Speaking Their Language
ASL interpreters share the gospel with those who can’t hear it for themselves
As congregants funnel in to the sanctuary for the 11 a.m. service, they may hear a “Good morning,” chatter about the message, laughter, or even the sounds of the worship band starting. Others hear nothing. Silence. Their language is not, for the most part, being spoken. They enter the sanctuary and make their way to the front at the left side, where American Sign Language interpreters are ready to bring the worship music and message to life for the deaf and hard-of-hearing congregants who attend the 11 a.m. Sunday service at Northland.
As the praise-and-worship band plays and sings, an interpreter signs the songs. But it’s not about just signing word for word or letter by letter. ASL interpreters must relay the words by concepts and give attention to the timing of ASL motions as well as facial expressions, as these are necessary to give the most accurate translations in the language. When the music transitions into the sermon, another interpreter takes over to break language barriers and bring the entire sermon to the deaf and hard of hearing.
“I enjoy being a tool that’s prayerfully used to spread the gospel,” says Christina Trout, one of our ASL interpreters for worship and sermons. “It’s amazing to be able to be utilized with the gift that He’s given.”
She adds: “I love watching a deaf person being engaged. They’re seeing the lyrics not just word for word; they’re seeing it presented to them whole. It’s a whole body experience. Because it’s so expressive, sometimes words seem too small.” About 80 percent of ASL communication consists of facial expressions and body language, while 20 percent is the words, according to Christina, a predominantly self-taught, nationally certified ASL interpreter. Christina lived near a large deaf population up north, so she began signing at the early age of around 3.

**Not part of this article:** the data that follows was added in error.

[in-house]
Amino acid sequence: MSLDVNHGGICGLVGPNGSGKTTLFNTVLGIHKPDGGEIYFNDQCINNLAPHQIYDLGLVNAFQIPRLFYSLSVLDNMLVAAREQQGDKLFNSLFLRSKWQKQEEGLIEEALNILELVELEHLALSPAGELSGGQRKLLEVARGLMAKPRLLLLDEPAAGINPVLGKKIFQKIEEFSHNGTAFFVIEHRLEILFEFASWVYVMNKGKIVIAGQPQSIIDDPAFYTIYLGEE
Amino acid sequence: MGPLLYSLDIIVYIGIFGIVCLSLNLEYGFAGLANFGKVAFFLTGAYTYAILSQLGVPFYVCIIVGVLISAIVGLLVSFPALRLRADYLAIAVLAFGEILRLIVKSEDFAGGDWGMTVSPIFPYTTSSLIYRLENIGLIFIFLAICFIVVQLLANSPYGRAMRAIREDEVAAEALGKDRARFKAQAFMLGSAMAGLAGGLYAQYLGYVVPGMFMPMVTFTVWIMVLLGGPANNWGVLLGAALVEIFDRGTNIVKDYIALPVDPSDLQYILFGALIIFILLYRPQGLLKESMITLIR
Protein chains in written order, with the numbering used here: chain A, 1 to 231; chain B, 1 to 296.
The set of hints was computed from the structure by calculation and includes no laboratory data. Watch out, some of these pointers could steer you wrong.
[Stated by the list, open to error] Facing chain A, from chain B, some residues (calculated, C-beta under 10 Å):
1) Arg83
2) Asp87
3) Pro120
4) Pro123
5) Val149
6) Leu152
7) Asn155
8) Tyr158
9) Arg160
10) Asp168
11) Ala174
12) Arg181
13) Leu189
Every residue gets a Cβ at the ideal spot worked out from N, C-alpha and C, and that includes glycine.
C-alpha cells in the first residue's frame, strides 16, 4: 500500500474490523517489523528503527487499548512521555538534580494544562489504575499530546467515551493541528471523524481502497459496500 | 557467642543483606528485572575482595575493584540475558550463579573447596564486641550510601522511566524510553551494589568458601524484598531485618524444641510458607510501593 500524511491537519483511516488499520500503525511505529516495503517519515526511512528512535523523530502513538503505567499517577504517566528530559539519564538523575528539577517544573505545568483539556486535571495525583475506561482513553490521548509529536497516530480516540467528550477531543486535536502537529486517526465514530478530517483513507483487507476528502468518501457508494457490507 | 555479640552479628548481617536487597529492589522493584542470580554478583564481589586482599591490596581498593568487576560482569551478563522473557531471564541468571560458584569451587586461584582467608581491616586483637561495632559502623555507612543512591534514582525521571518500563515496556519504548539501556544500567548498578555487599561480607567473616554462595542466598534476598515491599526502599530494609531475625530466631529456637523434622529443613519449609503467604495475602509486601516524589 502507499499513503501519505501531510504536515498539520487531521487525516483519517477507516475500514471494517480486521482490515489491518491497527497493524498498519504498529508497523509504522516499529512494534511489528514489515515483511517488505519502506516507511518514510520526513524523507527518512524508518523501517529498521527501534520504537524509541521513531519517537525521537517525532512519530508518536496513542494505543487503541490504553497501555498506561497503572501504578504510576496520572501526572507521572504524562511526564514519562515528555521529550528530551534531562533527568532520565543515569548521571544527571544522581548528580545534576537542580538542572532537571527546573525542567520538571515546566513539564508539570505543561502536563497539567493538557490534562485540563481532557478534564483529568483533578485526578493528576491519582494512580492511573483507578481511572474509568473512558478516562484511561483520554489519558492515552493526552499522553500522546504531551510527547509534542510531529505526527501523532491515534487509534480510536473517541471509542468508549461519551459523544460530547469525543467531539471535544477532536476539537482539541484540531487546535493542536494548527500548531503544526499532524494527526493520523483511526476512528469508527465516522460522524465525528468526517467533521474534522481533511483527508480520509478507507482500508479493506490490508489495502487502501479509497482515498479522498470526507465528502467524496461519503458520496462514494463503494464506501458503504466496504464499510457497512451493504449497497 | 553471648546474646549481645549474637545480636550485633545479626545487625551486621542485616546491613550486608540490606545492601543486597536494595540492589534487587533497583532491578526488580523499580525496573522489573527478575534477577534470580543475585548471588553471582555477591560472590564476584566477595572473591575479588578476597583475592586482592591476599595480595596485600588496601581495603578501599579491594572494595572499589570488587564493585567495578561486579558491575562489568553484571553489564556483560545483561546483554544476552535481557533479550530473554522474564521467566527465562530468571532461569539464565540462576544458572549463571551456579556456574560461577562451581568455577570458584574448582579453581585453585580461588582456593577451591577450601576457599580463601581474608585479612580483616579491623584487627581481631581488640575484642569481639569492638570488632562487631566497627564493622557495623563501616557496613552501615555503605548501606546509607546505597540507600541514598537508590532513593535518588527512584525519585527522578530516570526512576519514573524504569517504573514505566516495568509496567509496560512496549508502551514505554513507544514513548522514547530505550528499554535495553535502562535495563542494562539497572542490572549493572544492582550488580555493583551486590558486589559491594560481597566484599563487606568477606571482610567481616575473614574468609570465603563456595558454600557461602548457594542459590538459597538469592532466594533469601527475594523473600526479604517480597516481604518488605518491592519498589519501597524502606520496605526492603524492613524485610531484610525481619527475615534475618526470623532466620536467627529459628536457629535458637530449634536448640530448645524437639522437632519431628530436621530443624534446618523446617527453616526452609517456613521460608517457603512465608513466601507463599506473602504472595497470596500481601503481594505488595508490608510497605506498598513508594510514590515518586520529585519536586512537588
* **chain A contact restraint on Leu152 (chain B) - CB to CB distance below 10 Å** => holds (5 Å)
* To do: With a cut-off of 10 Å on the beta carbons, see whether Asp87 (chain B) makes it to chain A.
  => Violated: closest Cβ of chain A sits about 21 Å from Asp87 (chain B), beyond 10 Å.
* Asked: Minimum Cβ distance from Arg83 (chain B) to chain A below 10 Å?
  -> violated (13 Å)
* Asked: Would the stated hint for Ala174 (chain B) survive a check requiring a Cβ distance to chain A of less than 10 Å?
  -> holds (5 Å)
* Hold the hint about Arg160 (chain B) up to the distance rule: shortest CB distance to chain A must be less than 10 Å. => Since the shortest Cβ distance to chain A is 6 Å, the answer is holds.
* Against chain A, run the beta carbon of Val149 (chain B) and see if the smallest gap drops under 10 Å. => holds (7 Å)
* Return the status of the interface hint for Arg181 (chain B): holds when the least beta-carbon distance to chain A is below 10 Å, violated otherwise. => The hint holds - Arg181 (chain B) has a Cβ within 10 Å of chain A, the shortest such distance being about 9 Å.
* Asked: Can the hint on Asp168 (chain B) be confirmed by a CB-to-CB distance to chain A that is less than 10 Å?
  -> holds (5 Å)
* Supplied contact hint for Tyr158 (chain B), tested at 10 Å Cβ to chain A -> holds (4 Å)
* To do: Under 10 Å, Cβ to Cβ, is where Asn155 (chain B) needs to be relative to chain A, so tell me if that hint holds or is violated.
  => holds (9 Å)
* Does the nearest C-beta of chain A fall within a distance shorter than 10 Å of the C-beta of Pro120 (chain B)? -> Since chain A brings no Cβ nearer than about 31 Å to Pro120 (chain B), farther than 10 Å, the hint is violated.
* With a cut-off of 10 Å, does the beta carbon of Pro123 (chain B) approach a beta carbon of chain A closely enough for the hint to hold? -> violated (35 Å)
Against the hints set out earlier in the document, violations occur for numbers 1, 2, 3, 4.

“I don’t remember not having signing ability,” she shares. She learned just how important the language is – and how it feels to rely on it – after not being able to talk for two weeks due to suffering TIAs (ministrokes). “I fell in love with sign language.”
But what was really a “life-changer” for her is the fact that she was diagnosed with ovarian cancer just before turning 21.
“If God allowed me to go through this, then there’s someone out there going through what I am who relies on an interpreter.”
One impactful moment for her was watching a congregant moved by the sermon and songs when she was newly interpreting. “Watching that aha moment enlightens the body and soul. You see it hit…and I’m a part of this moment,” she shares.
Another deaf interpreter at Northland, LJ Williams, mostly interprets the songs, which he can rehearse in advance, as he himself is deaf. That doesn’t stop him from dabbling in interpreting sermons, though. On those days, one of the hearing interpreters feeds him the message in English, and he interprets it into ASL. As the Deaf Ministry team leader, LJ also teaches the beginner and advanced ASL classes at Northland and leads the Signing Choir. “The purpose [of the class] is to bridge the communication and culture gap between the hearing and deaf worlds,” he shares. “In the class, students learn ASL vocabulary structure and grammar as well as deaf culture norms used within the deaf community. “The Signing Choir,” he says, “consists of members of all hearing levels – deaf, hard of hearing and hearing – and the goal is to give space for the deaf and hearing to worship together through ASL as well as make Christian/Gospel music accessible to those who are deaf and hard of hearing who may not have access to allow them to connect with worship.”